Free Markets Don’t Fix Everything.
Cartoonist Adam Zyglis created a really wonderful cartoon shortly after the 2008 economic crash – see below and view at original site here: http://www.adamzyglis.com/cartoon787.html
What I like about this cartoon is that it all comes back to Hayek. Friedrich Hayek, the economist, whom free market fanatics like to quote when they claim that the government should not be doing … anything.
They argue, like Hayak, that despite its inequities, the free market does a better job of distributing goods and services than a central government can. The problem is – that’s not all that Hayak said.
For those of us who actually read The Road to Serfdom
, we know that he also points out that there are things the free market can’t do – like provide stop signs. And those are things that the government must do – if they benefit society.
For instance regarding the rules of the road, the government can and should “provide signposts” but should refrain from “ordering people where to go.” The signposts help people and society function well together. Yes, they limit ultimate freedom, but in a way that prevents people from harming each other. And yes, he wasn’t just talking about stop signs, but literally the rules that govern commerce. He was distinguishing between good formal rules and informal subjective rules. The first are like sign posts. The later, are to benefit an individual and give them special treatment. Rules of the road for the way commerce functions – good. Special benefits to particular groups – bad.
What this means is that people who think Hayek thought companies & the economy should self-regulate don’t understand what he was saying, or simply skipped over that chapter. Economies and companies should not self-regulate – only that the government should be careful that the regulations they enact and enforce are in the form of signposts and rules of the road applicable to everyone, and not orders about what individuals should be producing or selling.
Additionally, he is also very clear about the need for a social safety net. He NEVER advocated that we don’t help people through the government. In fact here is what he did say when it came to the government creating and maintaining a social safety net.
“There can be no question that adequate security against severe privation, and the reduction of the avoidable causes of misdirected effort and consequent disappointment, will have to be one of the main goals of (public economic) policy. But if these endeavors are to be successful, and are not to destroy individual freedom, security must be provided outside the market and competition be left to function unobstructed. Some security is essential if freedom is to be preserved, because most men are willing to bear the risk which freedom inevitably involves, only so long as that risk is not too great.”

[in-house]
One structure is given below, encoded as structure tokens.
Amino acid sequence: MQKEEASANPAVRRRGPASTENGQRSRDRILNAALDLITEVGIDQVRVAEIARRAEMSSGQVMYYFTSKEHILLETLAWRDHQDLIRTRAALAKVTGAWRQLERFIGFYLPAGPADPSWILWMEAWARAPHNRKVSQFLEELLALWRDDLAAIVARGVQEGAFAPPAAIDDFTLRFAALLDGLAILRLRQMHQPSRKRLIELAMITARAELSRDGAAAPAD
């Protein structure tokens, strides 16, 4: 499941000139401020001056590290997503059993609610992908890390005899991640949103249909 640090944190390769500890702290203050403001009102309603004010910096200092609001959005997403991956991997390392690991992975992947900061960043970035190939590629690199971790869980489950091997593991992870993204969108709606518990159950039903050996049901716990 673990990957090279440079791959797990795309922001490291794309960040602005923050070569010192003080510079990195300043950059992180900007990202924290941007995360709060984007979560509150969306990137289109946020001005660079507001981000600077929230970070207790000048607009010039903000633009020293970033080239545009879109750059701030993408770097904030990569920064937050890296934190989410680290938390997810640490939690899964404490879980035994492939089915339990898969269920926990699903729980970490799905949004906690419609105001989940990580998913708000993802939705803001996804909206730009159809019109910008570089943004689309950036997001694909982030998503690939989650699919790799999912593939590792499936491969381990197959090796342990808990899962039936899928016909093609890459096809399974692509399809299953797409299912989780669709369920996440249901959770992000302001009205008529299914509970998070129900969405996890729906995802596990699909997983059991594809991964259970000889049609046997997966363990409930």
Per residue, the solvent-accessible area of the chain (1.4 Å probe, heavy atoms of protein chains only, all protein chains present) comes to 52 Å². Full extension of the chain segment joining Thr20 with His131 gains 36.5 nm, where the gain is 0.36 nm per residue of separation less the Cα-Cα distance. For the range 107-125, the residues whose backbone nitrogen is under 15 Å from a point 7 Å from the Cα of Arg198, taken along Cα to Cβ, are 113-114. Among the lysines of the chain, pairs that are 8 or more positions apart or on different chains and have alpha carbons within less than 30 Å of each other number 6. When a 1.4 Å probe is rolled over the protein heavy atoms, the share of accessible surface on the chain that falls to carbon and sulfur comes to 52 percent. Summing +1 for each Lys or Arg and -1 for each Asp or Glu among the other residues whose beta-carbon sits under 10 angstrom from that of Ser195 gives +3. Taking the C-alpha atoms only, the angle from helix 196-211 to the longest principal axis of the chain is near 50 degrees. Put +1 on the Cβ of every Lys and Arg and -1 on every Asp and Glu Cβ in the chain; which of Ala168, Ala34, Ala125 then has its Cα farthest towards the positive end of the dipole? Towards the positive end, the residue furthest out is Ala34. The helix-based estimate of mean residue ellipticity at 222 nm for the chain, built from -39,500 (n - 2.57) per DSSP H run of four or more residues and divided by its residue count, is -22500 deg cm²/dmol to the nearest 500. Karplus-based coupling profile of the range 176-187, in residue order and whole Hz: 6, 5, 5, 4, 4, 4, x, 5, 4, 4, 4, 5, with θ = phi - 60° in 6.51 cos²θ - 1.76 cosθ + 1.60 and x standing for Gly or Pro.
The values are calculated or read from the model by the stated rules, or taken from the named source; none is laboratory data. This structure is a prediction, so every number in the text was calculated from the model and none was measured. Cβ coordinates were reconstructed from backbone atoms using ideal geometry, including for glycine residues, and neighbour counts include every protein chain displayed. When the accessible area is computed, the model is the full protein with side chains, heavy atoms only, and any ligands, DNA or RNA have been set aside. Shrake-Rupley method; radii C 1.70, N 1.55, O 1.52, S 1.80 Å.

In other words – according to Hayek, one of the proper roles of government is to construct and maintain a social safety net – and to not have that safety net be part of the free market competition system. The free market isn’t good at nor should it be required to adjust itself to provide against severe privation because asking the free market to provide that security will interrupt the function of the free market itself! Which means – maintaining a safety net is one of the proper functions of the government.
So – government can and should be providing for things the free market can’t provide – like stop signs and rules that govern how we interact with each other so that while we have freedom, we aren’t free to harm other people. Those rules can and should include how the economy functions so that individuals can’t defraud other individuals through the economic system or destroy the property of another person in the pursuit of profit. AND, government should be maintaining a safety net to secure the population against severe privation because – as it turns out – bread riots are bad for the economy.
What other things fall into this?
What else does the free market not provide and yet they are for the benefit of society because if we don’t provide it – severe privation occurs.
Well – public education is one of those things. The free market can absolutely provide education. The problem is that it cannot provide it universally because inequities are part of the free market. So the question is – is the lack of an education considered a privation – and the answer is yes. Society benefits from having a population where pretty much everyone has a minimal level of education. Lack of education causes privation. So – universal public education is something the government should and must provide.
Mental health care? Yeah – lack of access to mental health care causes privation because people who need care don’t get it – they lose their jobs and end up on the streets. A large portion of our homeless population falls into this category. There is NO market incentive to provide mental health care to the poor and destitute, and yet, there is a public good and protection against privation. Government should be providing mental health care.
Physical health care? Yes. Again, the free market has its benefits here, BUT lack of access to health care causes severe privation. The government should be protecting the population from this..
Social Security, food stamps, housing assistance, yes. They are all part of the safety net that protects against severe privation. This isn’t to say people should get a living wage without work. It’s that we, collectively, should be paying taxes to ensure that no individual slips below a minimal level of security in terms of food, housing, and health care. Cuts to those programs or plans to eliminate those programs are seriously misguided.